Even if we were to conclude that any two berakhot made upon the same object would constitute a chavilot chavilot problem, despite the fact that one was a birkat ha-nehenin, it is still possible to refute Tosafot's initial position.   Reciting ha-motzi to launch the meal of the chag along with the birkat ha-mitzva of al achilat matza upon the special mitzva of eating matza does not violate the concern of chavilot chavilot since the two activities are integrated into one "halakhic experience."  The concern of chavilot chavilot emerges when two separate mitzvot are performed on one item; this compression of two mitzvot is evidenced by the recitation of two berakhot.  However, in the instance where ha-motzi and al achilat matza are recited upon the same matza, only one compound mitzva is being performed with the lone matza.  No violation of chavilot chavilot occurs. 


            A third issue which reflects the structure of the two experiences is the amount of matza that must be eaten.  The gemara repeatedly speaks of a ke-zayit of matza, the standard shiur, or measurement, for any halakhic act of eating.  In siman 472, the Shulchan Arukh demands the ingestion of two ke-zeitot (plural for ke-zayit), without citing any source for this position.  Presumably the Shulchan Arukh discerns two separate mitzvot, each demanding an independent ke-zayit. 


            However, the position of the Shulchan Arukh can be disputed in two distinct ways.  First, even if the two mitzvot are truly independent of one another, the mitzva of launching a holiday meal with ha-motzi may not require the ingestion of a ke-zayit; merely a taste may be sufficient for such purposes.  In fact, the Mishna Berura (se'if katan 9) argues this point.  From this perspective, eating a ke-zayit plus an additional scrap would be sufficient.


            Alternatively, even if the holiday meal does require an actual ke-zayit, perhaps the ke-zayit of the meal can also function as the ke-zayit of the mitzva of matza.  Since the two mitzvot are one integrated experience, only one ke-zayit is necessary.  The Torah reshaped the holiday meal by demanding matza consumption, thereby establishing that one, single ke-zayit fulfills both obligations.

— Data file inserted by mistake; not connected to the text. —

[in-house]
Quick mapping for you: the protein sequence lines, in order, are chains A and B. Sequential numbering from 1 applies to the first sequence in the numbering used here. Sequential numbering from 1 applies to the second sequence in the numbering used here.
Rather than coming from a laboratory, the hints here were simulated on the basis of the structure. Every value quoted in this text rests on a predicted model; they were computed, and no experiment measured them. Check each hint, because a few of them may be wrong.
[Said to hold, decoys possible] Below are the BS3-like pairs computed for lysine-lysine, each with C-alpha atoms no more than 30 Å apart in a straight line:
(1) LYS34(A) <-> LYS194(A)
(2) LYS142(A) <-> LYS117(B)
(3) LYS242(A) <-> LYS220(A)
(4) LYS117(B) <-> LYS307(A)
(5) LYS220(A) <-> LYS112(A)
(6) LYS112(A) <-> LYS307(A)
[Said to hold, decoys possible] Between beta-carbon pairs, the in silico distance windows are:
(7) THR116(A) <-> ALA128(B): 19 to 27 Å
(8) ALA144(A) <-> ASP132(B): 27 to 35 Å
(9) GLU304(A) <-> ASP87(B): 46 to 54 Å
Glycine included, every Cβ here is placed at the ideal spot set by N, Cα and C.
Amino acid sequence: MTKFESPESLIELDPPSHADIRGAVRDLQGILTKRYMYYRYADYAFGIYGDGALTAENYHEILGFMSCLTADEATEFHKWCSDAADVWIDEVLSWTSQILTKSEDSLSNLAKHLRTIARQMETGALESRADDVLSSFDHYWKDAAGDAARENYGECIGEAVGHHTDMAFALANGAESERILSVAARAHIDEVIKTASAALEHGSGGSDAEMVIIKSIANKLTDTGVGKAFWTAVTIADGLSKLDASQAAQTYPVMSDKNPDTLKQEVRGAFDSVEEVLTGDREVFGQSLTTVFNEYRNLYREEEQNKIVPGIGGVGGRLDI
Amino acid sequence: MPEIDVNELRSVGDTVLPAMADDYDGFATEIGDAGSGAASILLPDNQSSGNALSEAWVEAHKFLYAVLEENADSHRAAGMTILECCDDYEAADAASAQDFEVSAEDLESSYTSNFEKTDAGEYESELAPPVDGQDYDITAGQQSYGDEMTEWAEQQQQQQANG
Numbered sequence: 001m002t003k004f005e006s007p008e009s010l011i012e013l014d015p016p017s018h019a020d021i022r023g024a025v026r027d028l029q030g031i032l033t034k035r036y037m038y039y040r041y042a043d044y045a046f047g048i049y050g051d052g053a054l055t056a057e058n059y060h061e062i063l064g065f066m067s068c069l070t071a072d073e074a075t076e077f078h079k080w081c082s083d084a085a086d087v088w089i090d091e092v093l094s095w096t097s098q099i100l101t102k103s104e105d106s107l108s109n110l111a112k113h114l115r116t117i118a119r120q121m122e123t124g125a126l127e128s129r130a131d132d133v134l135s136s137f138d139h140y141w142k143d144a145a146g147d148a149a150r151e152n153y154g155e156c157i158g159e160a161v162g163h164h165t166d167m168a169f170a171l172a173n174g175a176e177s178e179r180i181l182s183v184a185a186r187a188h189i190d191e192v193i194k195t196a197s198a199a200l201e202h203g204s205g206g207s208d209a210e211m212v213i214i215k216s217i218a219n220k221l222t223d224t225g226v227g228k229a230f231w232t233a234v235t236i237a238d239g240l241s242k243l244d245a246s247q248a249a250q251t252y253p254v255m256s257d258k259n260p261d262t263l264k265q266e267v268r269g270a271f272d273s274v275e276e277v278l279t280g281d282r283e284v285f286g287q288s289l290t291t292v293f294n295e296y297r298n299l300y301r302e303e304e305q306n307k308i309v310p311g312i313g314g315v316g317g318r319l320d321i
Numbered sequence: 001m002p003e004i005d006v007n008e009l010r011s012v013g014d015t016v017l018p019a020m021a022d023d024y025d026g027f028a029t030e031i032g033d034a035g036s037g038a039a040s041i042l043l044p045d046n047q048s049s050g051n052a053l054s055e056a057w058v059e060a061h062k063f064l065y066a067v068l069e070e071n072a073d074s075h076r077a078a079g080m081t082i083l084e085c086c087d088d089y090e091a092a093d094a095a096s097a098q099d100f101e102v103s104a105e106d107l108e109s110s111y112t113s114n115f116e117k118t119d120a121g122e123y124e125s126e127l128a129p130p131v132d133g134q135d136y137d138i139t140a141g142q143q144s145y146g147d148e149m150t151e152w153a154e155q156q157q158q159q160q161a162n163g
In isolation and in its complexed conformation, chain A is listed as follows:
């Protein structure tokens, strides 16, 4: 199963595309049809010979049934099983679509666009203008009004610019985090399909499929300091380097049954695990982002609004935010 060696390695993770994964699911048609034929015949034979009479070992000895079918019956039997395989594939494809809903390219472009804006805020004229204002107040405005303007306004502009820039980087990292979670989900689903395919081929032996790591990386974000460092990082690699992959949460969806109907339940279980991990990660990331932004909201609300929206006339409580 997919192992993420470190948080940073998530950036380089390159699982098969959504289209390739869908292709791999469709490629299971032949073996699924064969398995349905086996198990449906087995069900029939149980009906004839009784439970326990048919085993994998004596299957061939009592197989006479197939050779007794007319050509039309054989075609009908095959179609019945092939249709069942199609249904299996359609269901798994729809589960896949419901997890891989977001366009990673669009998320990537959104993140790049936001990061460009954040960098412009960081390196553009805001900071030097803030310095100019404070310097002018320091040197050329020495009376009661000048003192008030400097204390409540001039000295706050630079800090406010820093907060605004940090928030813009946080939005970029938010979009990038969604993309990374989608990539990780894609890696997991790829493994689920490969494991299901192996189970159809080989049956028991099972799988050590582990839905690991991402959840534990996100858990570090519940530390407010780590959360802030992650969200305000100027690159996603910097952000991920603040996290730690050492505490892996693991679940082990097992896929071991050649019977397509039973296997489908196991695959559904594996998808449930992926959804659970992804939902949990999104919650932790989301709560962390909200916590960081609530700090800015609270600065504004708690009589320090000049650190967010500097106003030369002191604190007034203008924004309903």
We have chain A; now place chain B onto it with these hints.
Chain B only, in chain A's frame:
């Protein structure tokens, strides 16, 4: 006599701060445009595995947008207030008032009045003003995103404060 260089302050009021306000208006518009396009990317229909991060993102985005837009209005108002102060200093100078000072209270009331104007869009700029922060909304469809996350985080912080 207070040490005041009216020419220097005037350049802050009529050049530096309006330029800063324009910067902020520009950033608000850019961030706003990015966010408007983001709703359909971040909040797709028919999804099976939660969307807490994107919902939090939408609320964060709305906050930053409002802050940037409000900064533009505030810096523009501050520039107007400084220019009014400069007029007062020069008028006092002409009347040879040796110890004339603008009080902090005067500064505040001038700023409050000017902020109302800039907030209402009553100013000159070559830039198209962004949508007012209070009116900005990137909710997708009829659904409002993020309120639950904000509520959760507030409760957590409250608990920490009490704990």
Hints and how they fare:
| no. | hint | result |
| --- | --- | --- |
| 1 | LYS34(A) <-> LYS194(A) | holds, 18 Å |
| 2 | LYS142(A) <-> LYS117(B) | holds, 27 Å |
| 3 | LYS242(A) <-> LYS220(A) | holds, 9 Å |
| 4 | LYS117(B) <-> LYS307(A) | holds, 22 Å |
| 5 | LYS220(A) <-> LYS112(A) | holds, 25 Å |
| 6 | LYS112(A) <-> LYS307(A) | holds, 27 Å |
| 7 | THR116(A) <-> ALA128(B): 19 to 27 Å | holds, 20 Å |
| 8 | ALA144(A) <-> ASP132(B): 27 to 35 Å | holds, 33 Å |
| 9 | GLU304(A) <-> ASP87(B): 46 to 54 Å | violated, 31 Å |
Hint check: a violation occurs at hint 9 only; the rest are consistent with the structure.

On the night of Pesach we face dual obligations.  We must ingest a quantity of matza to recall our suffering in Egypt and our quick redemption.  In addition, we must conduct a typical holiday meal.  Are these two obligations parallel or integrated?  By exploring the relationship between the two obligations, we may determine the number of matzot required, the distribution of their respective blessings, and the volume of matza which must be eaten. 


            Finally, this question may impact upon the manner in which we eat the "second" ke-zayit.  Based upon the position of the Shulchan Arukh, we try to consume two ke-zeitot of matza.  Must the second ke-zayit (not necessary chronologically but logically) be eaten with the standard conditions of matza?  For example, must the ke-zayit necessary to fulfill the requirements of a standard meal be eaten while reclining in the posture of heseiba, a condition mandatory for the mitzva of matza? 


Assuming that the two mitzvot are separate experiences, the conditions governing the mitzva of matza should not affect the experience of eating matza as part of the holiday meal.  Even if heseiba is an ideal posture for every experience of the night of Pesach, its omission should certainly not obligate a repetition of the eating.  In contrast, if the mitzva of matza is integrated with the overall mitzva of eating a meal, we should then apply the same conditions of heseiba to the matza eaten in order to launch the festival meal. 


            The Shulchan Arukh appears to demand heseiba for each of the two required ke-zeitot, while others allow the ke-zayit of the meal to be eaten without heseiba. This creates an interesting enigma in our explanation of the position of the Shulchan Arukh.  By demanding two ke-zeitot, he implies lack of integration between the two mitzvot.  By demanding heseiba for each ke-zayit, he suggests integration.  Evidently, one of our proposed theories is not acceptable to the Shulchan Arukh. 


            Another question surrounds the type of matza to be eaten for the second ke-zayit, that of the meal.  The Maharal postulated that it is permissible to eat matza ashira (egg matza or matza prepared with other juices) on Pesach and that it is actually considered matza.  However, since it possesses flavor, it cannot be deemed lechem oni and does not enable the fulfillment of the mitzva of eating matza.  Can matza ashira be employed to fulfill the  mitzva of eating a holiday meal?  Again, if the mitzvot are distinct, none of the conditions governing the mitzva of matza should affect the experience of launching a festival meal.  However, if the two mitzvot are integrated, we may demand lechem oni for the portion of matza eaten to begin the meal of the night of Pesach.